His exceedingly developed sense of codex
Is evident from his trash, from the litter
Of spondees and compound nouns found in his den.
The pudding stone walls of his cave are covered
With charcoal etchings of his puerile nature:
A bloody crucifix, cocks and tits, the lyrics
To “Moaning’ at Midnight” and a clenched fist.
Wolf wears a made-to-measure lupine-fit suit
With his name sewn into the silk gland lining.
His downbringing, know-how, and brain waves pound through
Insipid verbal schemes—he slings with slang
No one else speaks: This dog has teeth to burn.
He will not dialogue. He doesn’t tow cow.
I’m the puppy who put the tic in ontic.
Nonentities vividly bore him. Each year
For Halloween he goes human, wears a mask
And sits in a rocker on his front porch, still
As a church mouse until a tiny ghost raps
His door and then he leaps forward—Booklouse!
Let’s calculus! Let’s duke an assassination!
Wolfman throws a spitter that openly
Disdains the rules of narration and motion.
And yet the umps go dumb, safely ensconced
Behind their masks. Who can blame them? Persona
See, persona do. Follow his howls and find
A moon. Dog can smell the unbridgeable spaces.
Ain’t we a shame? When he unlocks his jaw
You best cottontail—find your black hole.
The sun burns through the snow.
The doorman’s green stovepipe sports
Reindeer horns. The lobby is filled with shepherds.
Wise men wait to be elevated.
A flock of Santas pack the lounge to mull the Broncos
And drink hard cider. Two who could pass
For Civil War recreators sing carols
Under the tree, an almost unembellished
Blue spruce; really, just candles,
Just the intimation of tinsel.
Amazing. I feel null. My chest dilates.
When my eyes can’t hold on any longer I steal
A perfect golden box from under the tree
And check-in. Upstairs, I help the ghost
Of Christmas passed-out swipe
His room card. He kisses my hand.
He bows. I bow.
The Loews Hotel, Denver, Colorado
The cashier mouths the lyrics to car insurance ads jingling the restaurant’s teak hi-fi. Her pink tee reads: I SPEAK ITALICS. The Buddha-bellied cat on the register raises its porcelain paw—howdy. Or whoa? You and what army? jeers a fissured voice from the corner, the booth with the cushiest pillows and the best view of sidewalk traffic.
Today that’s where a cadre of punk rock recreationists share veggie kabobs. Bald children with skewers in their noses give me the willies.
I’m the tilde-backed figure sucking lassi-sopped naan.
My koi waitress discriminates her charms.
If only we had antennae. Then she’d know my beat. Once I saw her in my world—at the Soy Polloi Market where I DJ, providing milieu music for the seemly shoppers. I was cooped in the customer service booth, wearing headphones, working a samba record on my turntable. She was buying rice cream and kosher wine. I waved and went ibid ibid over a snug riff that precisely accompanied her sashay—but she walked away, into the lot, back into air.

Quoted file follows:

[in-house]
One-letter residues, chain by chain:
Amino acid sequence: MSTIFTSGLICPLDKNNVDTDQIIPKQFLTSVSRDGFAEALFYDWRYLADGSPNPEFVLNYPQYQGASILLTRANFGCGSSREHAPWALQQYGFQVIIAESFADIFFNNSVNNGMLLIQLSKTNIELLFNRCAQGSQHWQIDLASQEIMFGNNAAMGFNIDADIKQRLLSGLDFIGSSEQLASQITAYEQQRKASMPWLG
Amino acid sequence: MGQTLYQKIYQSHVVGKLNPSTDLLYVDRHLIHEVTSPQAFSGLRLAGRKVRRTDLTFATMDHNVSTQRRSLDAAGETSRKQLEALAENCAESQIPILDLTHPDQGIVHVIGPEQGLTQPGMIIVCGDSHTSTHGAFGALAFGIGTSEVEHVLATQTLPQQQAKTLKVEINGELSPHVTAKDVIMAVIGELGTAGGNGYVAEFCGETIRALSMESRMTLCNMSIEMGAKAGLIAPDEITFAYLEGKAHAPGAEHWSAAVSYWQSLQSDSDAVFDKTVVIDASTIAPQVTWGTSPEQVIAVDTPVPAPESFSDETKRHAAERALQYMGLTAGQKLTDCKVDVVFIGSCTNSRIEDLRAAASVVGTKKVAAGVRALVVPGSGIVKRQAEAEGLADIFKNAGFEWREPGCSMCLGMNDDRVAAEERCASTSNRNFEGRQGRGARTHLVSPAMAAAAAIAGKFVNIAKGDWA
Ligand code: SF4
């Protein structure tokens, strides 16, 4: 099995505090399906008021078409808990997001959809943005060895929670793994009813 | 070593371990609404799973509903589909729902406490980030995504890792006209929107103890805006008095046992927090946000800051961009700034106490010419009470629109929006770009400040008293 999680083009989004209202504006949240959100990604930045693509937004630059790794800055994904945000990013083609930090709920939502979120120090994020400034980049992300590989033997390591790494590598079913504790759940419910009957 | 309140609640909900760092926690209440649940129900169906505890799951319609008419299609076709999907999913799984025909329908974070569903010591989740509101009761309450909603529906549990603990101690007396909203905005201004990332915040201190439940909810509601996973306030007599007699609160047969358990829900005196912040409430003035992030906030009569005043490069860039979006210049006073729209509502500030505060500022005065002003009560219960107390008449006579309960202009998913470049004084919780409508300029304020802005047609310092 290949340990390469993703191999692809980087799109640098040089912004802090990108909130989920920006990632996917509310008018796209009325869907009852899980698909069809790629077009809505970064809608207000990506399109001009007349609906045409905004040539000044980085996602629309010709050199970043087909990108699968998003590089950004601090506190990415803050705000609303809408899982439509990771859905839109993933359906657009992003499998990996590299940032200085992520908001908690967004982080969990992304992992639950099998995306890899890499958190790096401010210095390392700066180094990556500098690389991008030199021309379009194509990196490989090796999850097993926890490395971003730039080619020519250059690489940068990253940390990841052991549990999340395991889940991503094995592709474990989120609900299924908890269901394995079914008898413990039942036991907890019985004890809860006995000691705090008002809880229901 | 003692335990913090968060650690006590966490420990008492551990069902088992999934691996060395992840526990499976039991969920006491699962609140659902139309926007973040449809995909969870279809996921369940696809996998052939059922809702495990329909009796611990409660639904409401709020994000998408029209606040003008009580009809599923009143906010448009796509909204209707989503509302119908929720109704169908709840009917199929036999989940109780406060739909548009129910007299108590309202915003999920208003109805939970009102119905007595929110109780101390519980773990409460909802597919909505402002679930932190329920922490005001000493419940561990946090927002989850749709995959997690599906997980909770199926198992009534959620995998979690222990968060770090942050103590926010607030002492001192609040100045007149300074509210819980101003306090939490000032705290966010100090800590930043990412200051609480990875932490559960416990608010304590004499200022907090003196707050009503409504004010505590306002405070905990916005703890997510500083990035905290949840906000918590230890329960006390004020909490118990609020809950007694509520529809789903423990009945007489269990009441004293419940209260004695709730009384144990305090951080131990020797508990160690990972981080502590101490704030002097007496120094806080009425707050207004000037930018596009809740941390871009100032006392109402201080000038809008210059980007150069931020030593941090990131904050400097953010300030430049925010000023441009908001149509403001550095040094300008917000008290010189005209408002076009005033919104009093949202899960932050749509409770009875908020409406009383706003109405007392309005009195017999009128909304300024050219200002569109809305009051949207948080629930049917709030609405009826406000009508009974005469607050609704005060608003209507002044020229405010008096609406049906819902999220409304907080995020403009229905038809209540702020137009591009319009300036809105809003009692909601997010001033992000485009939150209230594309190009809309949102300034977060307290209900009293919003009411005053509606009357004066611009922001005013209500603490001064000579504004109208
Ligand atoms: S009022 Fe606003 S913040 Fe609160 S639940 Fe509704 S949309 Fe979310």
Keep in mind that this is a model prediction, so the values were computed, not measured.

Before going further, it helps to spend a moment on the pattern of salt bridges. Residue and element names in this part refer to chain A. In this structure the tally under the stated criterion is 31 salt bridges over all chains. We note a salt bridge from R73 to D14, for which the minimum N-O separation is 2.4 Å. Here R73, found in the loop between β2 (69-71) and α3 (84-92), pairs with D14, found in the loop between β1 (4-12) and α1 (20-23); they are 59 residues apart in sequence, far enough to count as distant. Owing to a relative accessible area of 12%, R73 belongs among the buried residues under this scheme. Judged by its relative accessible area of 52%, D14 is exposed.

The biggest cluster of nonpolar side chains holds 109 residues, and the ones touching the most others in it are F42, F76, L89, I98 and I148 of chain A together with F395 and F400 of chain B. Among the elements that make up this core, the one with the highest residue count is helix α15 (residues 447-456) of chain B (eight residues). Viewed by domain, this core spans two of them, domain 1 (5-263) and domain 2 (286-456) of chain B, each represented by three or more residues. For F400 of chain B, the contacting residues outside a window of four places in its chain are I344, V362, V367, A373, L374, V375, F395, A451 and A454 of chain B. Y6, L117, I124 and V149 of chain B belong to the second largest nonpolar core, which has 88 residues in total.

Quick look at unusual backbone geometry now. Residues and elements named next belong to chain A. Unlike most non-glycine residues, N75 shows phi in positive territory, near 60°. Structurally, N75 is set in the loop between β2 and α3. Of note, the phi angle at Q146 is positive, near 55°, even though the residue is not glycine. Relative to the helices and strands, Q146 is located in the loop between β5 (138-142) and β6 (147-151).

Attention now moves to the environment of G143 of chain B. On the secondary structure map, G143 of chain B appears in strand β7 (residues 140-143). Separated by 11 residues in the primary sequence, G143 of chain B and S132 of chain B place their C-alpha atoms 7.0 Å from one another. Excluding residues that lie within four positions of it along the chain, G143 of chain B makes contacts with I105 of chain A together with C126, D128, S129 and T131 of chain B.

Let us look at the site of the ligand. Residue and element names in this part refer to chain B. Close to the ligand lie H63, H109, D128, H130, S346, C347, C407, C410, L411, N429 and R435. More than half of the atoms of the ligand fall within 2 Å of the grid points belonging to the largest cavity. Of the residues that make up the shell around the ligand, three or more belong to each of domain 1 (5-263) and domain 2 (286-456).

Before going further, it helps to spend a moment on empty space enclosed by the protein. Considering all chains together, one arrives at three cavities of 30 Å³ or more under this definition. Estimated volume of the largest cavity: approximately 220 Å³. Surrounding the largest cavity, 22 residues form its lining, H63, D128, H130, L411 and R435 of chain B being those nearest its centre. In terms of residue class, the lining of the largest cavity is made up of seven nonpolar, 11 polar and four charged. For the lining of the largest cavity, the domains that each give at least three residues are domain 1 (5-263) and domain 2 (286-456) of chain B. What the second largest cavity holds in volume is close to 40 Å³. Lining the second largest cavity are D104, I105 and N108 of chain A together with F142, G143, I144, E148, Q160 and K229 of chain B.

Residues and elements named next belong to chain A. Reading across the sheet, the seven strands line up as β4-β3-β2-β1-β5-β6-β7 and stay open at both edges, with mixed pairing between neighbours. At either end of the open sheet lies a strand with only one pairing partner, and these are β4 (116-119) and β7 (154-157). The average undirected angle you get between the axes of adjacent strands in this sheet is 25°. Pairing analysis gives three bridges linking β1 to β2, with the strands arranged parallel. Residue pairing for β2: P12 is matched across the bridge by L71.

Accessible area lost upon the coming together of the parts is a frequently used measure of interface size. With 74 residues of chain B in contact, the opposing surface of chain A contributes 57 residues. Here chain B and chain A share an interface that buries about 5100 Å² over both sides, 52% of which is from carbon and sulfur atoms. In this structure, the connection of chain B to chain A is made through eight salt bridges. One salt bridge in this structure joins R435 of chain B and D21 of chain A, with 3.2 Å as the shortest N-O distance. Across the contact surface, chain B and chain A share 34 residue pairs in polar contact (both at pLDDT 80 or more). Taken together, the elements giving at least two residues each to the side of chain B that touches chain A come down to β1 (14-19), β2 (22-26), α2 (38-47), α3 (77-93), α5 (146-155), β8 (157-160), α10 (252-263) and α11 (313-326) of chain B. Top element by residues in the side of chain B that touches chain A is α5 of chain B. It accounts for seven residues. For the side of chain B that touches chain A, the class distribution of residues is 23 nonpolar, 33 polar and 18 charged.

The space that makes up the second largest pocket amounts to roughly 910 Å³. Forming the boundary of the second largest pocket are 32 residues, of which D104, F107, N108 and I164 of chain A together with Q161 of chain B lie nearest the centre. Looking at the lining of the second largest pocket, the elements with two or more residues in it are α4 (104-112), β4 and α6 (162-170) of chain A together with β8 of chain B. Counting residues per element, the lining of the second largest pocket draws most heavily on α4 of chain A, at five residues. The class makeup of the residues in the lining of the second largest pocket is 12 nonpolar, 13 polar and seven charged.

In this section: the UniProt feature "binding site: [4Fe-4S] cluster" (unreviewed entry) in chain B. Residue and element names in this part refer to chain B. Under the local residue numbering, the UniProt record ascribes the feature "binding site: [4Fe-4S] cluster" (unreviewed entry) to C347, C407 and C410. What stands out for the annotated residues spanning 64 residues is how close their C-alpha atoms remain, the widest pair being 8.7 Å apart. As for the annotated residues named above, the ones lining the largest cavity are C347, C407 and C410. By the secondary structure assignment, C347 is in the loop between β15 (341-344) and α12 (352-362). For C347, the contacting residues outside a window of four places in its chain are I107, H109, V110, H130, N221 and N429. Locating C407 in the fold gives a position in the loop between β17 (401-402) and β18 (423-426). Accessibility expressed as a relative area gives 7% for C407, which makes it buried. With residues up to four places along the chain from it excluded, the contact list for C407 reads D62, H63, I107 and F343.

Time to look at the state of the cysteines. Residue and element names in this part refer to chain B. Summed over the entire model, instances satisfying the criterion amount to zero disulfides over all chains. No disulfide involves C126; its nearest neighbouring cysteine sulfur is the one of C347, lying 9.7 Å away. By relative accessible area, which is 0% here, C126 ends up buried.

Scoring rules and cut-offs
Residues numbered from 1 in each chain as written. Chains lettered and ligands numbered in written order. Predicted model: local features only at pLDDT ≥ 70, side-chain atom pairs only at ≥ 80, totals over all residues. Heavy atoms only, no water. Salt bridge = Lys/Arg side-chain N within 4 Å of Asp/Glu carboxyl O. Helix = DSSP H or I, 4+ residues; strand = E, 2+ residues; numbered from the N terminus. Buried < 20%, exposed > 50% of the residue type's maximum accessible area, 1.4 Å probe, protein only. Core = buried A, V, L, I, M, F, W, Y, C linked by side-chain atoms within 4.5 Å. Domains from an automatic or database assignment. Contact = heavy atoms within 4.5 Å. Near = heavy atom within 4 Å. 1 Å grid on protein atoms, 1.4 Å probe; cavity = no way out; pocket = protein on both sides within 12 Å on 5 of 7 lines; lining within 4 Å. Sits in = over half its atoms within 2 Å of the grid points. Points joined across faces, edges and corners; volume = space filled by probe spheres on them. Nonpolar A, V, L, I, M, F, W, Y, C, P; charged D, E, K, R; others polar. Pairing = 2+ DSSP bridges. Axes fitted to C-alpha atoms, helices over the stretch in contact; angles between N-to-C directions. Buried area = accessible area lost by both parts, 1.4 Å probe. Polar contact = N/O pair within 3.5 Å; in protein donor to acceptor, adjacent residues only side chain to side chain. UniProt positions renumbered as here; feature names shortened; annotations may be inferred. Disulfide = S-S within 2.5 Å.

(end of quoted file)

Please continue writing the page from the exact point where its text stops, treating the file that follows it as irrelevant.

Despite the food on my plate, she brings the bill.
I wish I had the guts to ask her about the dessert specials or the weather or to ask her to be my candlepin partner on Laptopia Night at Rolling Thunder Lanes. Instead, I blurt: “Ever see The Khyber Pass with Rodney Colman? He plays a British spy pretending to be a disillusioned Indian aristocrat in order to infiltrate a thuggee cell. That’s how he meets a young Kate Hepburn who plays a ranee hotty—pregnant pause—escapades ensue.”
I smile to indicate that I’m done speaking. She tugs on her blonde ponytail and says—“You think I’m from here? I mean there? No, I’m from Revere, not Afghanistan. Sorry.”
I nod. That’s fine.
The first few times I ate here I thought the white owl in the bamboo cage over the cigarette machine was alive. A bus curves though the intersection. I take out my pen and write down the numbers bouncing round my head. New songs? Or, it’s never too early to be insured?
Dorothy Dorothy Goose
She loves the weather being such a pattern
That you cannot erase a scare quote without
The whole sky falling. She drives with earplugs
To frame the chaos. Although she was raised
As a Trotskyite socialist she believes
That personal pronouns count more than verbs.
She favors the untried life, without fervor.
Once, she carried her dollhouse on her back
Through the woods behind our house to the lake.
She put the toy Victorian on a wooden dock
And set it all ablaze. To this day she maintains
It was an act of self-defense. She loves
Buttercups and crows and stones that resemble
Famous poets of a school she’s invented:
The Ellipsists or the Latinate Yeggs.
Her favorite weapon is the balalaika.
She is terrified by fragility—the sound of an egg
Rolling across a parquet floor is enough
To send her to the belfry. Dot Dot insists
She recalls when I was brought home
From the hospital—though she had just turned
Turned one. They gave me a train, she says,
And claimed that it was a gift from you—
Blue caboose—a cattle car with tin steer—
An engineer stoking the fire that turned
The wheels over the track that ran under
My bed—the hush-hush spot I called Vietnam.
She watches nature TV hoping to see rhinos
Crashing pythons as they eat SUVs. She loves
To run the woods behind our old house
To the sea, where I find her turning
to greet me.
The bandage over your eyes unravels like a road, growing
familiar, going home.
's books are Thieves’ Latin (University of Iowa Press) and Alphaville (BlazeVOX Books). New work can be found in: The American Poetry Review, Cue and Harvard Review, among others. His website: www.peterjayshippy.com.